The work we do will fall into one of three categories depending on the impact it has on the surrounding property. If you or one of your neighbours has ordered fibre, you should have received a letter detailing the work we need to do in your building or shared driveway, including which category that work is classed as. Categories are as follows;
- Using a notification process without a right of objection. This means that consent is not required from the neighbours who share the common areas provided we follow the timeframes set out in the Act
- Using a notification process with a right of objection. This means that while consent is not required from the neighbours who share the common areas, if they have certain grounds, they can object to the planned work. We handle the objection in accordance with the Act
- Using a consent process where we require the person who placed the order to collect in consents from the neighbours who share the common areas. This is not a procedure set out under the Act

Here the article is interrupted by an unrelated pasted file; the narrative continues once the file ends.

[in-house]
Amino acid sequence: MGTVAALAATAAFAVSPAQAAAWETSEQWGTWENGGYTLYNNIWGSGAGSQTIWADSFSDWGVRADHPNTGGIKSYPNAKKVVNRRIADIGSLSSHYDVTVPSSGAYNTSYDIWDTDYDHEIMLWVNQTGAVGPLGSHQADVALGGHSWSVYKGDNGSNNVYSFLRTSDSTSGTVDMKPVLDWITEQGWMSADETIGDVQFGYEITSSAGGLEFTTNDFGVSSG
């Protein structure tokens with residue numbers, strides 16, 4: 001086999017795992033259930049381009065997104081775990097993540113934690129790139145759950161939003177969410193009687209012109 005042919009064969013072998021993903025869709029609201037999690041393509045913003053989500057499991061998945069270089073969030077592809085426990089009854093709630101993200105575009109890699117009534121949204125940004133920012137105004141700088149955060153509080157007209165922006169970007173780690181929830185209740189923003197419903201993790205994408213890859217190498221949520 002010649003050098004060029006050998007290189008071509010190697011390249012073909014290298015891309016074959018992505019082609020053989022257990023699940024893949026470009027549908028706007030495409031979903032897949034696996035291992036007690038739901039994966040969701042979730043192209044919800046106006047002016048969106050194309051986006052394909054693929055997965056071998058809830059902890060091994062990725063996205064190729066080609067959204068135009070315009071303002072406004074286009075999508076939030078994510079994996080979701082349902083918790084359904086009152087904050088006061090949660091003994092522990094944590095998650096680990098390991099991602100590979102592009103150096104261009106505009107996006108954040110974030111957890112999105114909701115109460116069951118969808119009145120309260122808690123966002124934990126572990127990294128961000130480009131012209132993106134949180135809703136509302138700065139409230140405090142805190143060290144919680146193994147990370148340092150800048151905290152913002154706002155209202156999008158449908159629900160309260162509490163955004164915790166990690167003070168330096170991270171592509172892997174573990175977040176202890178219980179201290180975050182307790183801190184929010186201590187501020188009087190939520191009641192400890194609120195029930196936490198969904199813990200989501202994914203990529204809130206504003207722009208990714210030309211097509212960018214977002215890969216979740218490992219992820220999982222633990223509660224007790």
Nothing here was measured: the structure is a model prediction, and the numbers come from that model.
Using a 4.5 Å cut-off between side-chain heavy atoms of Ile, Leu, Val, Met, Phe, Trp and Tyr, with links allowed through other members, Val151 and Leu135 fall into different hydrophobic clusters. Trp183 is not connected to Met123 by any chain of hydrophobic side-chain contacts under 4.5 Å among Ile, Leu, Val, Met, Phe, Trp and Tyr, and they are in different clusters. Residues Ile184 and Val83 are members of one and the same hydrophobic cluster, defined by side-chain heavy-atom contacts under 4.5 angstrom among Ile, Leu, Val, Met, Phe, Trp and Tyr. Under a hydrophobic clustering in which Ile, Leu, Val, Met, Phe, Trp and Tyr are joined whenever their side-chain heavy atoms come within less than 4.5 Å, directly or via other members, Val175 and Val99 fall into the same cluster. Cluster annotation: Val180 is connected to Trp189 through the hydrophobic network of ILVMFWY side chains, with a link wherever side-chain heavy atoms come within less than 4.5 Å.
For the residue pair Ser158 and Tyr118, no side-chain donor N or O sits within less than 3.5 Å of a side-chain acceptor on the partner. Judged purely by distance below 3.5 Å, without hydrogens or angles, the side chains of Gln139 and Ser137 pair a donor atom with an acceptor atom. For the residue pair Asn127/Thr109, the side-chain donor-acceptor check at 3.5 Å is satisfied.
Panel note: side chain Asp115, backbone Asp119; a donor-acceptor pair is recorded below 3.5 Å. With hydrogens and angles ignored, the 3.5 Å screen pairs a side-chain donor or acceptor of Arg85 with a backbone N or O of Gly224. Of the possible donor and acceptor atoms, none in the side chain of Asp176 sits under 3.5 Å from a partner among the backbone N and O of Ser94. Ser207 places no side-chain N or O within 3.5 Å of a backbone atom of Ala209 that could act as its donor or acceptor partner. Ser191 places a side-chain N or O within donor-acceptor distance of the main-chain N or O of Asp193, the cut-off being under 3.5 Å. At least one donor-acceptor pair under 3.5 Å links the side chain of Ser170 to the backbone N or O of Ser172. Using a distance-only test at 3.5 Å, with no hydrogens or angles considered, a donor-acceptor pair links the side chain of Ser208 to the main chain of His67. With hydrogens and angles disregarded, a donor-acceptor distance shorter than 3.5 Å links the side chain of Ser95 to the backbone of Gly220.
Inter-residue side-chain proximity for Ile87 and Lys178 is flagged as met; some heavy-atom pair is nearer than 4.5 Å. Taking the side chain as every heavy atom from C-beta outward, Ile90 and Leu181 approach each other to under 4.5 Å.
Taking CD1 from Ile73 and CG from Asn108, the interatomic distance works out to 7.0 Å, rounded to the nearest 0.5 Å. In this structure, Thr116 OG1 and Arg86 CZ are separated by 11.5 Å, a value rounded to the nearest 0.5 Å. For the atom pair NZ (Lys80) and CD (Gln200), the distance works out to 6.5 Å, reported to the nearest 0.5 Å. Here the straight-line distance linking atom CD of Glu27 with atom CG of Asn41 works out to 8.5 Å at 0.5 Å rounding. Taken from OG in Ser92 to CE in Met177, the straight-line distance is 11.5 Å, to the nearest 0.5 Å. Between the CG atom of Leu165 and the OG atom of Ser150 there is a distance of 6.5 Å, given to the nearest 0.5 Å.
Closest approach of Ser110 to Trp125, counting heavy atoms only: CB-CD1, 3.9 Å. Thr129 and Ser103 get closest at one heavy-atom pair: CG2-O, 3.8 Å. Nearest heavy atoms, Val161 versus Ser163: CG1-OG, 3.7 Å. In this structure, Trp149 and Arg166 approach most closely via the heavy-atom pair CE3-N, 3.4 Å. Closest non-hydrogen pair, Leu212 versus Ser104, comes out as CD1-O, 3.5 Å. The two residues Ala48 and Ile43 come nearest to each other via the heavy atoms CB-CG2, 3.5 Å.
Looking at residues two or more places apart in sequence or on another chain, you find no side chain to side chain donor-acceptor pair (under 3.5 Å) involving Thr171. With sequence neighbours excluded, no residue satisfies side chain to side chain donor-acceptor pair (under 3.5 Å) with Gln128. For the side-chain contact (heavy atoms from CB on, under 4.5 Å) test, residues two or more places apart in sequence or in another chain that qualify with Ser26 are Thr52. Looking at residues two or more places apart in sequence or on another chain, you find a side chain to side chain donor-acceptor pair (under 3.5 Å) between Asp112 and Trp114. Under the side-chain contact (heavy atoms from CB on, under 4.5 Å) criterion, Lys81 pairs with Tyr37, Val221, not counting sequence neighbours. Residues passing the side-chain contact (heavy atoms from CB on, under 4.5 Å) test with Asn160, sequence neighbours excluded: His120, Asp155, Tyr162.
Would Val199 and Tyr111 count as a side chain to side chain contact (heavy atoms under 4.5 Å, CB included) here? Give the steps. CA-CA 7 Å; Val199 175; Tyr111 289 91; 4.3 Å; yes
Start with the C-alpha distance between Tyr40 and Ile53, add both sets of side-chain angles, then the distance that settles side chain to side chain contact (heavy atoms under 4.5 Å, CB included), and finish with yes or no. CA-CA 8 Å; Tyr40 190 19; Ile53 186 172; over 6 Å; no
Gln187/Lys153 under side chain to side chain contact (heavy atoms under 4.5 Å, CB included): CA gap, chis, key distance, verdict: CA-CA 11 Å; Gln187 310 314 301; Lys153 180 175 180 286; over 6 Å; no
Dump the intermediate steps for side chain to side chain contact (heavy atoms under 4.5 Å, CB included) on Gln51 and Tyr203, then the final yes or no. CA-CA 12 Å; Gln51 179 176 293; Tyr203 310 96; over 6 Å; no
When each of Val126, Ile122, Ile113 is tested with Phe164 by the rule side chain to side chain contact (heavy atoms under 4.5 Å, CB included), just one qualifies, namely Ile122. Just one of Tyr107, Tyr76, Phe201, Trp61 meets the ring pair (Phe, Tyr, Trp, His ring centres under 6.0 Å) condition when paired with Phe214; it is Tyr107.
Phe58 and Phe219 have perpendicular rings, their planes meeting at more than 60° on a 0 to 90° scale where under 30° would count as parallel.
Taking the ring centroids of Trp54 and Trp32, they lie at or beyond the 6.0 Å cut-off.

Low impact communal work
Installation will have a minimal lasting effect on your property or shared area. We will give you at least five working days’ notice before we get started. This is done via a notification letter. There is no right to object to this notification. The build work will take place within 3-6 weeks after notification letters have been sent out.
Examples of low impact work include soft surface reinstatement, aerial (overhead) installations, underneath paving stones or where we use existing ducts or conduits.
Medium impact communal work
The work we need to do may have some physical impact on the shared areas of your property. We will give you at least fifteen working days’ notice before we can get started. In some instances, you can lodge an objection. The build work will take place within 3-6 weeks after notification letters have been sent out.
Examples of medium impact work include limited amounts of hard surface work to allow access to existing ducts, entry/exit points for drilling or thrusting and small amounts of general trenching. This category also includes installations where equipment is attached to specified structures and installations inside a building.